“This optimism we’re seeing will likely survive the second wave of the virus because we all believe the vaccine is going to improve drastically the situation of the economy,” Cleroux said.

Still, while business confidence has improved for the first time since the pandemic began, the study found that investment intentions compared to previous years are still relatively weak.

Across Canada, business investment intentions for the next 12 months are down three per cent compared with last winter, for example, but have improved significantly from last spring’s rock bottom decrease of 32 per cent, according to the bank’s report.

Investment intentions is the difference between negative and positive business sentiment.

Of note are the investment intentions of small- and medium-sized enterprises in Atlantic Canada and Quebec, which at one per cent and four per cent, respectively, are the only positive results on investment intentions in the survey.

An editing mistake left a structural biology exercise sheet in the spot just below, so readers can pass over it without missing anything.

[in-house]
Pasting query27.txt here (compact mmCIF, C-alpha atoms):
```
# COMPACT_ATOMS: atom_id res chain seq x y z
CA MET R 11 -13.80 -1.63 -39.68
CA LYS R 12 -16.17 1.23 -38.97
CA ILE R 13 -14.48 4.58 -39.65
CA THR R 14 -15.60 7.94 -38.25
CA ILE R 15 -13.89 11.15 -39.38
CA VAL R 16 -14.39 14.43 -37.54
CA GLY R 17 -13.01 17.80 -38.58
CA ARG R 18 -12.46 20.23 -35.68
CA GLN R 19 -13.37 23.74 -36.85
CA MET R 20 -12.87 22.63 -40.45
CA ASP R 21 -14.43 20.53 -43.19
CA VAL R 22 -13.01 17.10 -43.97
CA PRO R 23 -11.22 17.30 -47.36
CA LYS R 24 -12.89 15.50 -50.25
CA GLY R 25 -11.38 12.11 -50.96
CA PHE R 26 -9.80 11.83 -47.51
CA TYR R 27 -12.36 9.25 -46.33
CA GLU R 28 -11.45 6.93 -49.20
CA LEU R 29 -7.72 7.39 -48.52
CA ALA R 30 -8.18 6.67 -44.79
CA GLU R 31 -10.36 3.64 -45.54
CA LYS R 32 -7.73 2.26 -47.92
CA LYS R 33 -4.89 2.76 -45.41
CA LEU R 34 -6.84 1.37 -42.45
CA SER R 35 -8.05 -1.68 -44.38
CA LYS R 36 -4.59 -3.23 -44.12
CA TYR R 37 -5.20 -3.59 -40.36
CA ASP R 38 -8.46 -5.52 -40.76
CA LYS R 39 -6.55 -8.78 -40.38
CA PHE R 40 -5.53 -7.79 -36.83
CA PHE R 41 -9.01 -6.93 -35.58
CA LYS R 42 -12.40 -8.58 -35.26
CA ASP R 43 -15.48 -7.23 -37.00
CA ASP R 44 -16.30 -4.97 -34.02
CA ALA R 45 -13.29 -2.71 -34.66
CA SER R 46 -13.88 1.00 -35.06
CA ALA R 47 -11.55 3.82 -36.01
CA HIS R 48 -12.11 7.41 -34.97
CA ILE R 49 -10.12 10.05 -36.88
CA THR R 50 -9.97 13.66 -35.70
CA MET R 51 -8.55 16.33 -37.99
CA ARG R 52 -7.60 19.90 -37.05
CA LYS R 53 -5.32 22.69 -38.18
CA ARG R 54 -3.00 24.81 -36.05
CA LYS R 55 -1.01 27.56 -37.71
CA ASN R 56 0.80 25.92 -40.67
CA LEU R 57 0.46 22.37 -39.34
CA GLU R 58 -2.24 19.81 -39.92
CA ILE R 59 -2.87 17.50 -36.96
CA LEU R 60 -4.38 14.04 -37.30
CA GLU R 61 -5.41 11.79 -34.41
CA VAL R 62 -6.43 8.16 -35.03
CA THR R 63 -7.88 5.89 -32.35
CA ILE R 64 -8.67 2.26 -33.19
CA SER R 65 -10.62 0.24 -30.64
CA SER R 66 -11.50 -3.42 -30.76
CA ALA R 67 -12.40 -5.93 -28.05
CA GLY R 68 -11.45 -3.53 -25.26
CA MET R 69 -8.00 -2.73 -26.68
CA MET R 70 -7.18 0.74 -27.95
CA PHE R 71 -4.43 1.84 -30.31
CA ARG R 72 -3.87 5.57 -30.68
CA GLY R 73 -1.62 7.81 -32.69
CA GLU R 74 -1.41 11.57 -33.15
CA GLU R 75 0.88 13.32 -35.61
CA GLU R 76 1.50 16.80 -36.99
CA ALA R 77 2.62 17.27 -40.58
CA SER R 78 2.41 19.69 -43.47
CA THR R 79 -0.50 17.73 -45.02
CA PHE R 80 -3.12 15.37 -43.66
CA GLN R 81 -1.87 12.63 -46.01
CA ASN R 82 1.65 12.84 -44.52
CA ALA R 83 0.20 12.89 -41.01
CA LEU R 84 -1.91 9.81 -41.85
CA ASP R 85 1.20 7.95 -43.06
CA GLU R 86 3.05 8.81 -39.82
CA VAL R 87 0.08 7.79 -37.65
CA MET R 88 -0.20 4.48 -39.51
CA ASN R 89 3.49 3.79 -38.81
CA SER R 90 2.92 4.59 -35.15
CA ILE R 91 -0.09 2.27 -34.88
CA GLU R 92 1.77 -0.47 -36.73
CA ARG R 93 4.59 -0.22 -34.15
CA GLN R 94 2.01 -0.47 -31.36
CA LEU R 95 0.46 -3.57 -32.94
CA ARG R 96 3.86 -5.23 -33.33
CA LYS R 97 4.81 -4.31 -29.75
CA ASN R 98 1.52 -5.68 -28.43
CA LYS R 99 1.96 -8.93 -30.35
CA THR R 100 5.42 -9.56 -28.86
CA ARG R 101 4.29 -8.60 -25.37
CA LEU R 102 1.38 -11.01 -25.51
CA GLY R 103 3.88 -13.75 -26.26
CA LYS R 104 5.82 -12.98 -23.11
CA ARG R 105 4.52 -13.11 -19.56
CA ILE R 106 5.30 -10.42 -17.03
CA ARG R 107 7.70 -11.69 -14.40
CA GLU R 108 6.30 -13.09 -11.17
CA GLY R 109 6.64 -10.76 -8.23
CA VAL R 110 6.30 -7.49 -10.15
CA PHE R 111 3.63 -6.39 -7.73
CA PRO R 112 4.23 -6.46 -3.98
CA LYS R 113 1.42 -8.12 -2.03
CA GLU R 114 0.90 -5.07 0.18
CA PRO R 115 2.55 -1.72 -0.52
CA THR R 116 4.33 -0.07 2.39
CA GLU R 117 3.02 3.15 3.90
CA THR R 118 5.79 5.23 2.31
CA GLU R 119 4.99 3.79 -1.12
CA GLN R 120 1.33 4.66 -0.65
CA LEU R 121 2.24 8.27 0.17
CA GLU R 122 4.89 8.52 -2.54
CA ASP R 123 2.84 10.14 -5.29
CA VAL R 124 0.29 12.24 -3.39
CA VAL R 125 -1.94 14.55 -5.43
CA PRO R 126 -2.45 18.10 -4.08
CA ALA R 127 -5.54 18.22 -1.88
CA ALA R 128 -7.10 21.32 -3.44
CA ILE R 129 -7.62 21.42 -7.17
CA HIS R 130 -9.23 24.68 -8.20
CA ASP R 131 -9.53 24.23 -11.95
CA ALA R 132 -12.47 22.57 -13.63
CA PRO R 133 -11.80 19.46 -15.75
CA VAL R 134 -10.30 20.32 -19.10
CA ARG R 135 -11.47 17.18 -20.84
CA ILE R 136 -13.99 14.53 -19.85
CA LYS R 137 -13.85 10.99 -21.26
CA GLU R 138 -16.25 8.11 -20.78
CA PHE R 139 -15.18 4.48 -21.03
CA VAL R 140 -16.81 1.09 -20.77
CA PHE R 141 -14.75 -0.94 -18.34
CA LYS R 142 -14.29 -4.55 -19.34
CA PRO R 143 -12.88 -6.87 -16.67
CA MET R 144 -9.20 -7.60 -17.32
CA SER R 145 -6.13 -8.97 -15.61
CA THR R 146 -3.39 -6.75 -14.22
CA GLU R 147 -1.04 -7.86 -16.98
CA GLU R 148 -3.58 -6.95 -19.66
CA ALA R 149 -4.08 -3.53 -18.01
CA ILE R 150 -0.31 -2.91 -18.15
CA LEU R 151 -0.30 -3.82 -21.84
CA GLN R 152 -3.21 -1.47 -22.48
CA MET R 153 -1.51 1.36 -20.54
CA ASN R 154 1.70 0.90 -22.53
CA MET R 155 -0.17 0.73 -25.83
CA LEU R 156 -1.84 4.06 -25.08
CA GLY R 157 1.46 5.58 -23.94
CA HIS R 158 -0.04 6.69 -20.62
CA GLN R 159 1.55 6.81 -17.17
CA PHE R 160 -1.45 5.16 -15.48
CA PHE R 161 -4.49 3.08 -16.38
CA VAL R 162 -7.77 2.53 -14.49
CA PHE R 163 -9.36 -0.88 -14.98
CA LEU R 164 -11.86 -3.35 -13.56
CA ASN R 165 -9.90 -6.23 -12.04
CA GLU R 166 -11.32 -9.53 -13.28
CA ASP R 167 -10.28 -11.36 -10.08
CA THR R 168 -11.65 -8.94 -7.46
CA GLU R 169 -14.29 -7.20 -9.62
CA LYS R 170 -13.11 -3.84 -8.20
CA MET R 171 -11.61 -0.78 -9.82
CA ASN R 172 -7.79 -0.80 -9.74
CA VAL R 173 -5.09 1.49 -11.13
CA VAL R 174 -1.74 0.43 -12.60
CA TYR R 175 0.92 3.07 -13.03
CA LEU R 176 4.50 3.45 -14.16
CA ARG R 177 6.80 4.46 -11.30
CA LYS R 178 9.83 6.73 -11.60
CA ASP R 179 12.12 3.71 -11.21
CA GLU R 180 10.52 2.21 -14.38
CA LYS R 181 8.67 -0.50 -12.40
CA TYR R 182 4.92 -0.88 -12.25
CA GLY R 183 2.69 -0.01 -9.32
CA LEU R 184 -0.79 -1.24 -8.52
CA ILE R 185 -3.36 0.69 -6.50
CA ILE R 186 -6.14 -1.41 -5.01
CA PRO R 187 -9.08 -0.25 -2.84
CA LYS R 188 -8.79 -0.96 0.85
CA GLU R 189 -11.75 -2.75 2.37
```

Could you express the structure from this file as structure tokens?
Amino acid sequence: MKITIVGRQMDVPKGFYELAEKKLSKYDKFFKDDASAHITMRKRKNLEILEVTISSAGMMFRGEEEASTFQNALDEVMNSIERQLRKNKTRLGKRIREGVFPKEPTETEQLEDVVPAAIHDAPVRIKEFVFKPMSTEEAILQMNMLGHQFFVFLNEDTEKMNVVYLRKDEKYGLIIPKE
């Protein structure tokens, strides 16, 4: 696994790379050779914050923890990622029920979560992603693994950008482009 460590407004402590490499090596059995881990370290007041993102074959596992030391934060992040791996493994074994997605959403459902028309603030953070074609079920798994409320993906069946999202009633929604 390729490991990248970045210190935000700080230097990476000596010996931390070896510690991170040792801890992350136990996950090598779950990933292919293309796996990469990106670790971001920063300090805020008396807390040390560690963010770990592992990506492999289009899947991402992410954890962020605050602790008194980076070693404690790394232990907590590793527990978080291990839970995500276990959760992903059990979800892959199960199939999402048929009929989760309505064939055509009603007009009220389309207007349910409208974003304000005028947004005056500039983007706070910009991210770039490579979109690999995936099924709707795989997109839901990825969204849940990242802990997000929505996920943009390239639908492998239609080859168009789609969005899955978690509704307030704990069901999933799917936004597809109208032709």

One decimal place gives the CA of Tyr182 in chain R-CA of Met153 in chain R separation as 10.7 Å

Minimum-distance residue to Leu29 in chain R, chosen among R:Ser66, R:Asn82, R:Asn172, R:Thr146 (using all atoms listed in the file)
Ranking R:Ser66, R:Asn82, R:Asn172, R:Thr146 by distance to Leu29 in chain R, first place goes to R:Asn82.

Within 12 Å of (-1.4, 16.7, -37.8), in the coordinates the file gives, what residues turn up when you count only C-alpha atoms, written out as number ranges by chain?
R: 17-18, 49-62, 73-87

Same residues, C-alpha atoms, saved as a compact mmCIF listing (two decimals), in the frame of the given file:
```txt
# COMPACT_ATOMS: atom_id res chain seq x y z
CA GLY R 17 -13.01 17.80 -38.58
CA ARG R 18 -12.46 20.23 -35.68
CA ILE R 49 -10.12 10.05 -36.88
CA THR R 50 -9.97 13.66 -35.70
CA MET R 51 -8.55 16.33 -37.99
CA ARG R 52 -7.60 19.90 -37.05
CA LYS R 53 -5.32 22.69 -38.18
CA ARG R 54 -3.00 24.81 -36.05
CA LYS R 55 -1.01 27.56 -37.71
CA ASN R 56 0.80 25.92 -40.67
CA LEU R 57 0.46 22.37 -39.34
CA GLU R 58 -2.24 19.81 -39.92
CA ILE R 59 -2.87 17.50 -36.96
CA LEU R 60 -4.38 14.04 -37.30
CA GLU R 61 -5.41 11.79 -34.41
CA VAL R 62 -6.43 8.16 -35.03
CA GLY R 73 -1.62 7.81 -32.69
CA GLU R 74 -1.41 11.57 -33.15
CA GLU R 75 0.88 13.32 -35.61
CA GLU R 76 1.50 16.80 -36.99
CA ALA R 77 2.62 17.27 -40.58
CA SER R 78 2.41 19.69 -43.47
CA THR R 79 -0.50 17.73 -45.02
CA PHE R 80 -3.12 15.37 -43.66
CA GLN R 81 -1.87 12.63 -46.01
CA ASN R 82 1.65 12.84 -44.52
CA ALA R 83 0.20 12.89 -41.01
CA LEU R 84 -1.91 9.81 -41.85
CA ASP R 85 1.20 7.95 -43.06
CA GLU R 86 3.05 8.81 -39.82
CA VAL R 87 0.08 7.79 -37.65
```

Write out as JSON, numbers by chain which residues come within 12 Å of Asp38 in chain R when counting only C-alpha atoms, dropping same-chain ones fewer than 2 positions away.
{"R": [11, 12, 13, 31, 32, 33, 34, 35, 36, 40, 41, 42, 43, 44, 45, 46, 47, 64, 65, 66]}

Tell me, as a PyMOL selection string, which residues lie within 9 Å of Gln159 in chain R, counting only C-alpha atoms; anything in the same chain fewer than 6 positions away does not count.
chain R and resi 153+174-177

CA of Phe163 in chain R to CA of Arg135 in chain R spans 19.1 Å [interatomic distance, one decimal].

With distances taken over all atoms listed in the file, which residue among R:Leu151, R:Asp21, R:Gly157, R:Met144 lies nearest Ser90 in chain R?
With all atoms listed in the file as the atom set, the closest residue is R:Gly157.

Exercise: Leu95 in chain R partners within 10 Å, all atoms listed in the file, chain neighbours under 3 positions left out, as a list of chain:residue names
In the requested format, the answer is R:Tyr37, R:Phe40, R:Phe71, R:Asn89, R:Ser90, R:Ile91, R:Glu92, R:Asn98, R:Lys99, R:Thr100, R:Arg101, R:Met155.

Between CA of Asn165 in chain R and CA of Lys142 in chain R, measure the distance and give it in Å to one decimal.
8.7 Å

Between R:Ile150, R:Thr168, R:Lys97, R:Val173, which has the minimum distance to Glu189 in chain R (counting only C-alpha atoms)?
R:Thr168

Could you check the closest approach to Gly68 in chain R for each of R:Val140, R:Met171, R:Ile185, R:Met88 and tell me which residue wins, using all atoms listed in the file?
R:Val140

Meanwhile, investment intentions in B.C. are down three per cent, Ontario came in at four per cent lower, while the Prairie provinces were the lowest at a 13 per cent decline.

The online survey of business owners was completed between Dec. 3 and Dec. 18, 2020. The poll measures the confidence of entrepreneurs in the economy, business and hiring outlooks, as well as investment plans over the next 12 months.

According to the polling industry’s generally accepted standards, online surveys cannot be assigned a margin of error because they do not randomly sample the population.

This report by The Canadian Press was first published Jan. 18, 2021